Irvina Booker makes a most unlikely criminal. She lives in constant pain, disabled by multiple sclerosis and arthritis, a grandmother whose limited mobility depends on her walker, her daughter and marijuana.
“I never smoked it before I got sick, and I don’t smoke it for fun,” said Ms. Booker, 59, who lives in Englewood, N.J. She would not divulge how she obtains her marijuana, but said, “I don’t want to be sneaking around, afraid someone is going to get arrested getting it for me.”
Like many people who contend that marijuana eases pain and appetite loss from serious diseases, Ms. Booker cheered in January 2010, when New Jersey legalized its use in cases like hers. But a year and a half later, there is still no state-sanctioned marijuana available for patients, and none being grown, and there is no sign of when there might be.
In the last few months, officials in New Jersey, as well as several other states, have said that mixed signals from the Obama administration have left them unsure whether their medical marijuana programs could draw federal prosecution of the people involved, including state employees.
A Justice Department memorandum issued late last month left unanswered questions, and Gov. Chris Christie has not said how he will proceed. But medical marijuana advocates say that in New Jersey, at least, the state law is stringent enough not to run afoul of federal policy, and that the governor’s true goal has been to block the program.
“You don’t have to be Sherlock Holmes to figure that out,” said State Senator Nicholas P. Scutari, a Democrat. “He’s used every tactic he can to delay and deny.”
The governor, a Republican, and his aides have insisted that every delay has been a genuine attempt to make the program work properly.
“In light of the Obama administration’s memorandum, the governor’s office is performing its due diligence to ensure implementation of the program is not in conflict with federal law and does not put state employees charged with directing the program at risk,” Kevin Roberts, a spokesman for Mr. Christie, said.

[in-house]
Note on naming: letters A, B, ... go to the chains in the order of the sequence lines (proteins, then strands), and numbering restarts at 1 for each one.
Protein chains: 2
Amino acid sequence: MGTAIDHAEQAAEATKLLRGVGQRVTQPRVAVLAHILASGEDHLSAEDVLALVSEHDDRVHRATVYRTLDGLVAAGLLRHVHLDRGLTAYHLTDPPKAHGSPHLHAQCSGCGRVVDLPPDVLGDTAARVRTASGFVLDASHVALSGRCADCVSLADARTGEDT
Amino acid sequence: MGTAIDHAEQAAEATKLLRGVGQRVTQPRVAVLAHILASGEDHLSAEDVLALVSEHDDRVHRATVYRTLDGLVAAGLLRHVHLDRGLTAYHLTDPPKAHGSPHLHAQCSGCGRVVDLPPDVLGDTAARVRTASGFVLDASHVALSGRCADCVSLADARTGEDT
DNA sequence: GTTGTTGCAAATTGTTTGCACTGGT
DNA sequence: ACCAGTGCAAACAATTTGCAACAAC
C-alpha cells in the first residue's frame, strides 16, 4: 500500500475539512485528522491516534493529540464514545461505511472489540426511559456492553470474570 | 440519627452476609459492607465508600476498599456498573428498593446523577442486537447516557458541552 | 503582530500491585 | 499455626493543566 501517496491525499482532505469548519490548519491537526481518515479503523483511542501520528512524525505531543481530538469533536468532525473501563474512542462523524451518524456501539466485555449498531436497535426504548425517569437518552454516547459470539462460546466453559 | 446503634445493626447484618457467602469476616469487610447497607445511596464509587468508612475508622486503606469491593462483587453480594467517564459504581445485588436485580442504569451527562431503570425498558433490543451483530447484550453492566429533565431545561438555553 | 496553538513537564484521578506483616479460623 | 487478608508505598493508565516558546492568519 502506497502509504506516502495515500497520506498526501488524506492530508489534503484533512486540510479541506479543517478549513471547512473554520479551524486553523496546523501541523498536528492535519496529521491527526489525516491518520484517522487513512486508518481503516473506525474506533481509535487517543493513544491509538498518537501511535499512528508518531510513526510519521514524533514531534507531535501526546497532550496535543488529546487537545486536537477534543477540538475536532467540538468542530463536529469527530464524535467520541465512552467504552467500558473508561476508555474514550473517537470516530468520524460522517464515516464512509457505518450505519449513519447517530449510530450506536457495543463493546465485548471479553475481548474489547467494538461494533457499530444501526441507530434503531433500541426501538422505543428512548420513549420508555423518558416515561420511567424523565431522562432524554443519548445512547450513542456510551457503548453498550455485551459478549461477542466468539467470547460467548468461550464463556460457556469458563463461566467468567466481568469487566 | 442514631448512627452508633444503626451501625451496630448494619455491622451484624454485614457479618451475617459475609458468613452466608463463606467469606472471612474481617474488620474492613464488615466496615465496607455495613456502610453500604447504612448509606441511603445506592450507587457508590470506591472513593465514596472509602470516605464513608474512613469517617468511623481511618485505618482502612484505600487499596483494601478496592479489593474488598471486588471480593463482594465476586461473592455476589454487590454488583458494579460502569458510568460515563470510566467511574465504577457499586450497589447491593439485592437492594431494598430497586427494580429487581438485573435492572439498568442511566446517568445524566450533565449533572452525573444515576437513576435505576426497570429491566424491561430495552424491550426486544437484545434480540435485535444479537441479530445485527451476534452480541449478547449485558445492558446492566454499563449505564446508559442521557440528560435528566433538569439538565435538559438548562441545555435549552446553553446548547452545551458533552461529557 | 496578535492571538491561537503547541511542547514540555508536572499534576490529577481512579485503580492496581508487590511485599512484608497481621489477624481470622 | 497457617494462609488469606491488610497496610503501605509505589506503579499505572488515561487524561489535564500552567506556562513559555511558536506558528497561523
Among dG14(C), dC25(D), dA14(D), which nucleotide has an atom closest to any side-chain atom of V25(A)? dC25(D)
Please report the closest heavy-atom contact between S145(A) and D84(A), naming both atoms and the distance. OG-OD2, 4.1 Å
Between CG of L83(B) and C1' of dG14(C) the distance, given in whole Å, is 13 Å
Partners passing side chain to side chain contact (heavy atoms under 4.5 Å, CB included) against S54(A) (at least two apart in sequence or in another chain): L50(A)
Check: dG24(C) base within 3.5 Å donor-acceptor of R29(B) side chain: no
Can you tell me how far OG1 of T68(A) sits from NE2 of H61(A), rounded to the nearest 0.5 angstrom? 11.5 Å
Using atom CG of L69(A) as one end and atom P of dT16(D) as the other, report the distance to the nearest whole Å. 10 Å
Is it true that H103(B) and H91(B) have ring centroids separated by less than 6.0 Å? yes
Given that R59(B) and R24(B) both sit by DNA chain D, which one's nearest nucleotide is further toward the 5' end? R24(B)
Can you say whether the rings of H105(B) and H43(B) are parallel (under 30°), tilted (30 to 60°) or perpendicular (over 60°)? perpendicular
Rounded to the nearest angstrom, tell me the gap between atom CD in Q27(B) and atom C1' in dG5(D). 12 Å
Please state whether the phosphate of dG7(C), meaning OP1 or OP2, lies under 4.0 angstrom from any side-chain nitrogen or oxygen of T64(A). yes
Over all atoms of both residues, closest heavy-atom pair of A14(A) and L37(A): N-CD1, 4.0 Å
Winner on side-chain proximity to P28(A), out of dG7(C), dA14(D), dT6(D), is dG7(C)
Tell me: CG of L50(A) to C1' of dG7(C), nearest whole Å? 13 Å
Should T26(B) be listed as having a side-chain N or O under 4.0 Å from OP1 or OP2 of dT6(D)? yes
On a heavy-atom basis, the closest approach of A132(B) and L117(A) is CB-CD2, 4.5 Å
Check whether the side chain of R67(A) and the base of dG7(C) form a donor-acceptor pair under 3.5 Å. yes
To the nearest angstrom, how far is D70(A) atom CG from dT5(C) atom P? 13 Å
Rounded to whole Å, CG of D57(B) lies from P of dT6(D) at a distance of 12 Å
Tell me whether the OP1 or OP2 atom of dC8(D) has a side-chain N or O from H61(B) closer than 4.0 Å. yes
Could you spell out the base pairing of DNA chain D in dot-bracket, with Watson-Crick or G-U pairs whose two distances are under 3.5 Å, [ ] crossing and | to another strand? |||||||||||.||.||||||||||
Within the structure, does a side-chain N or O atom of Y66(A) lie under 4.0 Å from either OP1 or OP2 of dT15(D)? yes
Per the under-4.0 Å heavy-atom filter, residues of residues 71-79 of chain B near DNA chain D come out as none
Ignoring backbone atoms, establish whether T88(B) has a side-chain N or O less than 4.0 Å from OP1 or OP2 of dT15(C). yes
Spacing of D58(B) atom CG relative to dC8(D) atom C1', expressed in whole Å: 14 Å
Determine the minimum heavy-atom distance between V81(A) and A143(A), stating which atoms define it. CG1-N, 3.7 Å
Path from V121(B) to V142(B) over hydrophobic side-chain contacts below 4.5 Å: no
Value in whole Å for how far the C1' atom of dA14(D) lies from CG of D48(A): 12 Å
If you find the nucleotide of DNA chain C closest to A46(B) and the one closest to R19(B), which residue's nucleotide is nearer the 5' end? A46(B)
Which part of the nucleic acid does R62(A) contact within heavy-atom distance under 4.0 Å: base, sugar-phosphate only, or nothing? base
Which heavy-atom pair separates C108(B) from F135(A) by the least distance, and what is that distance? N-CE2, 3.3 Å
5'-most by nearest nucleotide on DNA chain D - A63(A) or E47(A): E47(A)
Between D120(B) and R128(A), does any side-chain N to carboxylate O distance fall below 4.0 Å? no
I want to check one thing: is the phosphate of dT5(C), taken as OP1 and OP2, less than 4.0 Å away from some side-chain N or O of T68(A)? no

On July 7, Mr. Scutari — who is a local prosecutor — and Assemblyman Reed Gusciora, the law’s primary sponsors, met with the governor’s legal advisers.
“They told us they don’t have their minds made up; that they want our input,” Mr. Scutari said.
But for the first time, he said, “the possibility of just scrapping the program” came up, though only in passing. Aides to the governor denied that there was any discussion of abandoning the program.
The state has named six nonprofit organizations to grow and dispense marijuana. The would-be growers say that if they were given the go-ahead, it would take at least four months to get up and running.
“A lot of people ask when, how, if we’re really going to open, and we can’t tell them anything,” said Ida Umanskaya, a director of Foundation Harmony of Cliffside Park, which plans to open a treatment center in Secaucus.
Another operator, Compassionate Care Centers of America Foundation, which would be based in New Brunswick, “remains cautiously hopeful,” said Raj Mukherji, a spokesman for the group.
Though marijuana remains illegal under federal law, in 2009 David W. Ogden, the deputy attorney general at the time, sent a memo to federal prosecutors across the country saying that they should not focus “on individuals who are in clear and unambiguous compliance with existing state laws providing for the medical use of marijuana.”